World Expeditions is marking next month's two-year anniversary of the catastrophic 2015 earthquake in Nepal with the announcement of a brand new 'Re-Build Nepal' project: taking place in November, it will concentrate on assisting in the building of three new classrooms at the Shree Manjushree School at the village of Kashi Goan in the Gorkha region, near Langtang, which was at the epicentre of the earthquake.

The worst natural disaster to strike the mountainous landlocked country for more than 80 years, the 2015 earthquake killed more than 8,000 people, left two million homeless and destroyed around 6,000 schools – but it also had a major impact on tourism, the nation's single largest industry.

The adventure travel specialist, which has been operating in Nepal for more than 40 years and had over 200 trekkers and staff in the region when the earthquake struck, was immediately keen to provide opportunities to anyone eager to help in a real and meaningful way by physically contributing to the rebuilding effort.

Through seven 'Re-Build Nepal' projects World Expeditions has already helped rebuild classrooms at three schools across Nepal, in the Solu Khumbu, Dolakha and Rasuwa districts, and continues to urge travellers to return and provide a much-needed boost to the country's economy.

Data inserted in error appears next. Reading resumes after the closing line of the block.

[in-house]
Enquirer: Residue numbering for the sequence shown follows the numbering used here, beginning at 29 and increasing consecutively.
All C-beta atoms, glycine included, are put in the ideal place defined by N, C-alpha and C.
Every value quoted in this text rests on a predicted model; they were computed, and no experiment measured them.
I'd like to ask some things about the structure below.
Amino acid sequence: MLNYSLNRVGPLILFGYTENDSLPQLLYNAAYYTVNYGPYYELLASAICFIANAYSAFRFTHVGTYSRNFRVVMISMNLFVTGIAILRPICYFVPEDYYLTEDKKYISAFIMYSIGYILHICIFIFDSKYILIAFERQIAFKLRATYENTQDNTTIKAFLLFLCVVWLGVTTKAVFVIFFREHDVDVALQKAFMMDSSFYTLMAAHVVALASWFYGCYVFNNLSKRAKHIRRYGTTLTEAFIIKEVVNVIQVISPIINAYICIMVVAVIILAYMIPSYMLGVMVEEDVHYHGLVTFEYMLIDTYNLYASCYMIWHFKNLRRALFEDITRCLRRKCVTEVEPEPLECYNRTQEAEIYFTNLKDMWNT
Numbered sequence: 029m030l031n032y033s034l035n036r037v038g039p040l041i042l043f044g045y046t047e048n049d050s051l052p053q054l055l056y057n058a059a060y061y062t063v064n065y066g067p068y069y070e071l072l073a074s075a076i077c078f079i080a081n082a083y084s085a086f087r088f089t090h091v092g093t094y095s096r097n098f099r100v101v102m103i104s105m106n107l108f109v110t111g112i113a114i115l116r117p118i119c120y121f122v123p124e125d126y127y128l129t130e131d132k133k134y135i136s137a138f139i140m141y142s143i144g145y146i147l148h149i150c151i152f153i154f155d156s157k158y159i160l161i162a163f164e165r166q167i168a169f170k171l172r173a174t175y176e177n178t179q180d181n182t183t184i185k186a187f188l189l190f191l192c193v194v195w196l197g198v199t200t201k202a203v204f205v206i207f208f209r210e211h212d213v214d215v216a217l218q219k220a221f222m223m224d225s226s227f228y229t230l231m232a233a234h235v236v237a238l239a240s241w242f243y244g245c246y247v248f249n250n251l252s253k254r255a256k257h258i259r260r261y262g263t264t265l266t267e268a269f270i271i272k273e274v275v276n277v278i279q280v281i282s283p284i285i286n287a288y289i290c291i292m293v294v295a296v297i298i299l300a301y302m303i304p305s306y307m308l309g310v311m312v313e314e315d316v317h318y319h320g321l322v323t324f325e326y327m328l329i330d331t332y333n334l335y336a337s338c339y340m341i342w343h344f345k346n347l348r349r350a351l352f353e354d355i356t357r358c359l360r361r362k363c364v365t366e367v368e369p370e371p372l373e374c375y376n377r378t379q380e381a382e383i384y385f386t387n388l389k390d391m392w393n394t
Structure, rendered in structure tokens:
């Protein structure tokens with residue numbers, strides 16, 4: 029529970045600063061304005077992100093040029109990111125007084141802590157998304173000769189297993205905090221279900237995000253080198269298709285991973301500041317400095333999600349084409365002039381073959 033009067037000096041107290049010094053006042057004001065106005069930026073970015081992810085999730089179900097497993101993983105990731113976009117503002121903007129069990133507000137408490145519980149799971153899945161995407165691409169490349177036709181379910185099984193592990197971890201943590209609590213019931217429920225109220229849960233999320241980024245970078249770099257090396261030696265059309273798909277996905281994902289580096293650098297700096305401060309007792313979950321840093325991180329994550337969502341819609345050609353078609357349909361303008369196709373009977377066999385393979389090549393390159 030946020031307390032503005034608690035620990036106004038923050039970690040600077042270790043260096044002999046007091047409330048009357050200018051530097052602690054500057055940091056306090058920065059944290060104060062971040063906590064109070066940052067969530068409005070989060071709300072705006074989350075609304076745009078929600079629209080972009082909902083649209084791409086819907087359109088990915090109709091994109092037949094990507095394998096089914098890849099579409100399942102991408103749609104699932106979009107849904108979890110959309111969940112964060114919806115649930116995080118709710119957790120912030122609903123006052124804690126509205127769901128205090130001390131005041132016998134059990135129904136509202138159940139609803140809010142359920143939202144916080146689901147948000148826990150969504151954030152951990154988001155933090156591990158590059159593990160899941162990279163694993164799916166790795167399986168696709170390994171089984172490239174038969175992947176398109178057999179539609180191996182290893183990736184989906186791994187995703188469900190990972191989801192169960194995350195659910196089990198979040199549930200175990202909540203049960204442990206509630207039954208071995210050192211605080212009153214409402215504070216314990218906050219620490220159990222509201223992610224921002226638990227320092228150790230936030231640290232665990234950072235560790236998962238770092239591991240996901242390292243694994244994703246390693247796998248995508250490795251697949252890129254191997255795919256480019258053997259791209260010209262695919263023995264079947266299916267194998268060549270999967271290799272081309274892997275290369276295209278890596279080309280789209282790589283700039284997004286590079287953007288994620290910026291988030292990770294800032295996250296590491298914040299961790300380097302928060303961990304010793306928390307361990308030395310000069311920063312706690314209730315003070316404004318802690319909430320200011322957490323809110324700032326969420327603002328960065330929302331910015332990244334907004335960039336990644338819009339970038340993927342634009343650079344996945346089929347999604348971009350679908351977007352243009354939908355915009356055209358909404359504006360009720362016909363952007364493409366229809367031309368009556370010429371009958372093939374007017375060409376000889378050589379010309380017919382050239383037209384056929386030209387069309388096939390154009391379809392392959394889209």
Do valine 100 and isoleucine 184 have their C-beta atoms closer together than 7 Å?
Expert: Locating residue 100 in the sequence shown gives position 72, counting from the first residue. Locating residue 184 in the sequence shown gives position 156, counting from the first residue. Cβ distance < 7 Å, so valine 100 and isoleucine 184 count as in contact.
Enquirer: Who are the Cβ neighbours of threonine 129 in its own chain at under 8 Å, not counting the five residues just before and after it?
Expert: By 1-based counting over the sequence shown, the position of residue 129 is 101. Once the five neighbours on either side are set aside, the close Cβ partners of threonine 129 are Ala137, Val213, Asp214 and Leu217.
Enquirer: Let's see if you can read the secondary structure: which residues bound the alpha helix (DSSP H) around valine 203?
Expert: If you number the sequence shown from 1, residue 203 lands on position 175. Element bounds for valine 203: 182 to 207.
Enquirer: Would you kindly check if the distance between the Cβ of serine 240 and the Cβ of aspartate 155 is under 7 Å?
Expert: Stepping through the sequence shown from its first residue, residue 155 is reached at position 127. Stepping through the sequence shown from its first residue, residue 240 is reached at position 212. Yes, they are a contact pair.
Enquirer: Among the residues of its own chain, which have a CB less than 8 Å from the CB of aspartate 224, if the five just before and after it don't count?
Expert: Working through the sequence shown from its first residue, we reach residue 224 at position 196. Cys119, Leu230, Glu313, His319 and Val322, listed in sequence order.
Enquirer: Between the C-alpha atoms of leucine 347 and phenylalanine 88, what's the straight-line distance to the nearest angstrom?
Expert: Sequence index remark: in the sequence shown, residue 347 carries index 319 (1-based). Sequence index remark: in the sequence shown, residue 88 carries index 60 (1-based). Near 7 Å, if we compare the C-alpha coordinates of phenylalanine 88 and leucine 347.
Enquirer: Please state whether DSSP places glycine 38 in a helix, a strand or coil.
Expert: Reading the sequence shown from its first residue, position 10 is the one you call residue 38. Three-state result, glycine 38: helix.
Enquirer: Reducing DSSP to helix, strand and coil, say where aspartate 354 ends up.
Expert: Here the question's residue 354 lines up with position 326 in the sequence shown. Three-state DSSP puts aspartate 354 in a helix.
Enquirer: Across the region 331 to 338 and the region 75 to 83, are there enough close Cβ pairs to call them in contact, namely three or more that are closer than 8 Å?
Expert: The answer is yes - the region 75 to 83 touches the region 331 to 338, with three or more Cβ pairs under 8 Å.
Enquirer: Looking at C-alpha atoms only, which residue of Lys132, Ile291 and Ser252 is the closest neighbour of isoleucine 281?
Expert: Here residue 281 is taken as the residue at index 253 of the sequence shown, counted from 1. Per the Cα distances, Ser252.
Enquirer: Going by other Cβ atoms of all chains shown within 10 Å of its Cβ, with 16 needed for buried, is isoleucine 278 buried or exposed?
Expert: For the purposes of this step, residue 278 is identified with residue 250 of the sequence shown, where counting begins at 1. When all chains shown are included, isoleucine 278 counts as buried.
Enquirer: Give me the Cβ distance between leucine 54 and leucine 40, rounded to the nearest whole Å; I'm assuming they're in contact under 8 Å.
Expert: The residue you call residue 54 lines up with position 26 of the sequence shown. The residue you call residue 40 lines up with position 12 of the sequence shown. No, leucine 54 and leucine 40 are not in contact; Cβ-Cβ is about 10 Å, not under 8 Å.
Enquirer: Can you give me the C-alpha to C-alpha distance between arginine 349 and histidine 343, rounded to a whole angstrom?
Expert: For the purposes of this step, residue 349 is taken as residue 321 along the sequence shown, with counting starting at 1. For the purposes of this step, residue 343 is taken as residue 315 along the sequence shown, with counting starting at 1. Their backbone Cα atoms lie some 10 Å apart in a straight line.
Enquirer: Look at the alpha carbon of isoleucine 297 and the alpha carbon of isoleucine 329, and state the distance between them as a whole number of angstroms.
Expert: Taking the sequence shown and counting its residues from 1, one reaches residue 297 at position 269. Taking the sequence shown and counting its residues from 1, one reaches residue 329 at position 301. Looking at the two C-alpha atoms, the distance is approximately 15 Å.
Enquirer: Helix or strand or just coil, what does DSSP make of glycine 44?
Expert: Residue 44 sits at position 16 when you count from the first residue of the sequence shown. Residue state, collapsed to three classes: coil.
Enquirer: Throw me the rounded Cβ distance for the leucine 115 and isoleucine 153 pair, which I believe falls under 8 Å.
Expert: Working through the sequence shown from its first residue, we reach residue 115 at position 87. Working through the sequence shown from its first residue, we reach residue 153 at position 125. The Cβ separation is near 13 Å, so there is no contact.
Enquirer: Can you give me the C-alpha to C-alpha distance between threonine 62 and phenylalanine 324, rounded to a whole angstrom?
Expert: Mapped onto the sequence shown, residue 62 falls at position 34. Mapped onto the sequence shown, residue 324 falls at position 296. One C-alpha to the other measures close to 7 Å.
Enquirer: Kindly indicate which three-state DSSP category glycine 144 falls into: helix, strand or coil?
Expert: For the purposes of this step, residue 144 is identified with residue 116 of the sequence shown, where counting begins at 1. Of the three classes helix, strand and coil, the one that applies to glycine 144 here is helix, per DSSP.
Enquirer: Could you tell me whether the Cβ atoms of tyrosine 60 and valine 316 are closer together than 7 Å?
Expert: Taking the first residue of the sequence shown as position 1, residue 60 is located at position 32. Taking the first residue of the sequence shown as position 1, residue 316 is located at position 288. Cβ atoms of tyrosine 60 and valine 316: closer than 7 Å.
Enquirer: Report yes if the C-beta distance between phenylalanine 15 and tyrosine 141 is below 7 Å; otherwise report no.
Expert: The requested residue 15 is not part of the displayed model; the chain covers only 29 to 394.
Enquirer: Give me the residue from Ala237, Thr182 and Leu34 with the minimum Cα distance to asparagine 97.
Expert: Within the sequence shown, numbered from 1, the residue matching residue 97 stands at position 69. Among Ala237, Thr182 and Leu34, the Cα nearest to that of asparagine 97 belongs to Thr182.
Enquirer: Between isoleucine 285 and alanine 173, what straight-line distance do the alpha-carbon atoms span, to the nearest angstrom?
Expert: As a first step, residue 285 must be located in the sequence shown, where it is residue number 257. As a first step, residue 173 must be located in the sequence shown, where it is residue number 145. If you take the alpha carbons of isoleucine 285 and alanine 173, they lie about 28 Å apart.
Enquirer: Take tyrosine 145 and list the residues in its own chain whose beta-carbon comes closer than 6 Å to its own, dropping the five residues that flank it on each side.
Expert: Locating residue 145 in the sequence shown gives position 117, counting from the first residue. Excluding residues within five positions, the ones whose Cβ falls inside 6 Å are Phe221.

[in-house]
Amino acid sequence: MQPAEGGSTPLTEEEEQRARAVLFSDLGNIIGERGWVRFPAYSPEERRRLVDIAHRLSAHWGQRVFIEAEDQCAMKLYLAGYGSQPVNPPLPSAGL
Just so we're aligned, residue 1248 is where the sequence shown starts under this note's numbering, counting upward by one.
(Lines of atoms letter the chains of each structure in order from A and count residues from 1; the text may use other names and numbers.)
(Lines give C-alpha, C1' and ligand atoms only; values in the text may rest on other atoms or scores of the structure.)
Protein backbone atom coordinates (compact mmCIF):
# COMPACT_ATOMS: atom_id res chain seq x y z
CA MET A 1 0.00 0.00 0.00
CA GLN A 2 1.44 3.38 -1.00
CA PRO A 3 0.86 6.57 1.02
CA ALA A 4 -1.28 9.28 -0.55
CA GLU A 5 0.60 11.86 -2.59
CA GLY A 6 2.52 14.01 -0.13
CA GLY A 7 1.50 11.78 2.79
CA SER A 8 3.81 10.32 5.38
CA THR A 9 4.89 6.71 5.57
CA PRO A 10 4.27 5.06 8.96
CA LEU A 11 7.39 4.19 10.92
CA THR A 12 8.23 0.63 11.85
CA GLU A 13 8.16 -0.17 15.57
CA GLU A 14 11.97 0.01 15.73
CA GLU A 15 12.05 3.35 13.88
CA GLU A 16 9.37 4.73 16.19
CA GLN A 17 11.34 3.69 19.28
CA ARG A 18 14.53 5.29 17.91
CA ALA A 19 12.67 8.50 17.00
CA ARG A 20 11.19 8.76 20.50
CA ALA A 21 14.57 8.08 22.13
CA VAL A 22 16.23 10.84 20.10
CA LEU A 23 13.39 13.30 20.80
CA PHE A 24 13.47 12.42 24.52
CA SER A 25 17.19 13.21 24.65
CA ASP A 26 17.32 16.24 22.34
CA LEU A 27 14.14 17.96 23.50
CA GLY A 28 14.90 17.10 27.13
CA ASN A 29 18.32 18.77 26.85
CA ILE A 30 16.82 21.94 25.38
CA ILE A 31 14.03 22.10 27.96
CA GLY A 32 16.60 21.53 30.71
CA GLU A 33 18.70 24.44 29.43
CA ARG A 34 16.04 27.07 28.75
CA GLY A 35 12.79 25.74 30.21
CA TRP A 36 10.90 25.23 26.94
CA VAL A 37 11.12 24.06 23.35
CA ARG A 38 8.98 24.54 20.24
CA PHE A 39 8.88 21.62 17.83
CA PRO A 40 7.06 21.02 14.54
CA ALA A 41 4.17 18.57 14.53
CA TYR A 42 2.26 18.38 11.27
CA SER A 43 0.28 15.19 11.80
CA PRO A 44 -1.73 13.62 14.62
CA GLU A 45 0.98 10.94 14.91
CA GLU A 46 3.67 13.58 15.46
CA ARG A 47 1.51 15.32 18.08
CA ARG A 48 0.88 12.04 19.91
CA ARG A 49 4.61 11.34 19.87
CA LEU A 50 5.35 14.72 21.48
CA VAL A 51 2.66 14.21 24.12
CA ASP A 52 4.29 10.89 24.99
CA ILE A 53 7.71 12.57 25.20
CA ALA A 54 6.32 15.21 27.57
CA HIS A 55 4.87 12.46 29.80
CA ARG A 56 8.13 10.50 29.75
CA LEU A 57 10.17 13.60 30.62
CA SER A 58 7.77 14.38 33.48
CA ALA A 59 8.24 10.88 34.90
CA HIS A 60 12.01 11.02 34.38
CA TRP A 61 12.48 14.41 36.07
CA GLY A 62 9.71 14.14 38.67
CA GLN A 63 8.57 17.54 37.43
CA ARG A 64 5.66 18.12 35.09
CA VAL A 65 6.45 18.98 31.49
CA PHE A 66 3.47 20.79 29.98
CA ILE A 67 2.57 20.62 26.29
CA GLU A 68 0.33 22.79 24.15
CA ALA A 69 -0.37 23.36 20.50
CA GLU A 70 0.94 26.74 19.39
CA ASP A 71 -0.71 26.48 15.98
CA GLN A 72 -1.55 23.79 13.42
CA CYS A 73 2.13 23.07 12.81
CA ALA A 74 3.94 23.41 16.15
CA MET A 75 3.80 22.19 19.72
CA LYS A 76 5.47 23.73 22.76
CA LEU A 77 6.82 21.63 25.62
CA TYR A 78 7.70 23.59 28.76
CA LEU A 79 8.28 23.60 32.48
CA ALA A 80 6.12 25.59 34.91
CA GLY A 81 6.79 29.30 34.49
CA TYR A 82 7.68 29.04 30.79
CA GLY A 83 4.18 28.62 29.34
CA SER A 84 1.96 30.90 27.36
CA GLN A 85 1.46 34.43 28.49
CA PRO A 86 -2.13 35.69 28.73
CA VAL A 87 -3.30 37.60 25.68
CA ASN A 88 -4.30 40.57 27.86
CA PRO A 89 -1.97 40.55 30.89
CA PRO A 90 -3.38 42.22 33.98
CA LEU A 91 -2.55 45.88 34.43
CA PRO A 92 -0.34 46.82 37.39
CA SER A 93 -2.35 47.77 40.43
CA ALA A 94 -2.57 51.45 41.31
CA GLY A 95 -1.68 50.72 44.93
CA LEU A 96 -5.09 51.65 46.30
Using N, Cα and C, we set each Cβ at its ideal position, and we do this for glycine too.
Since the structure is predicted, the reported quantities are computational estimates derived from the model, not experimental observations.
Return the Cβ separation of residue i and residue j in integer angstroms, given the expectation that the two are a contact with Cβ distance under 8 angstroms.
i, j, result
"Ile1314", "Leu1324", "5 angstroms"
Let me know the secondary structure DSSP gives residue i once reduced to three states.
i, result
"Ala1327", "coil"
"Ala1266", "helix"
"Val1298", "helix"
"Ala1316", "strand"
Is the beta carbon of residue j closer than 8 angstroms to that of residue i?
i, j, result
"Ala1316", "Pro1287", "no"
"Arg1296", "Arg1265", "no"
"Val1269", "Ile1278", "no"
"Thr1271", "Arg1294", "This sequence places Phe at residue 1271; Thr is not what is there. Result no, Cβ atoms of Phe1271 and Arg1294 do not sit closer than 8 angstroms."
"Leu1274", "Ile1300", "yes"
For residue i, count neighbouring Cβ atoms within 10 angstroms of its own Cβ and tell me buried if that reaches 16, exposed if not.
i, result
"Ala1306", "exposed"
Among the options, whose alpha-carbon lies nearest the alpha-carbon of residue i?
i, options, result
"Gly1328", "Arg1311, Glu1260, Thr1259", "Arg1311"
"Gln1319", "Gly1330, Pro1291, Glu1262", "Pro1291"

The new project is complemented by a remote, off the beaten track trek that follows at parts sections of the Great Himalaya Trail, crossing true wilderness and visiting untouched traditional villages rich in Tamang and Gurung culture.

Gordon Steer, UK Manager for World Expeditions, said:

“Nepal is home to the world's highest peak, clusters of Himalayan ranges and hardworking people who live amongst them. Collectively, they have inspired, challenged and brought positive change for travellers who seek to experience its majesty and the warmth of the mountain villagers”.

“Nepal is 'open for business' and now, more than ever, its people need something back from us. Tourism is a major contributor to the country's economy so the downturn in tourists has had a huge impact”.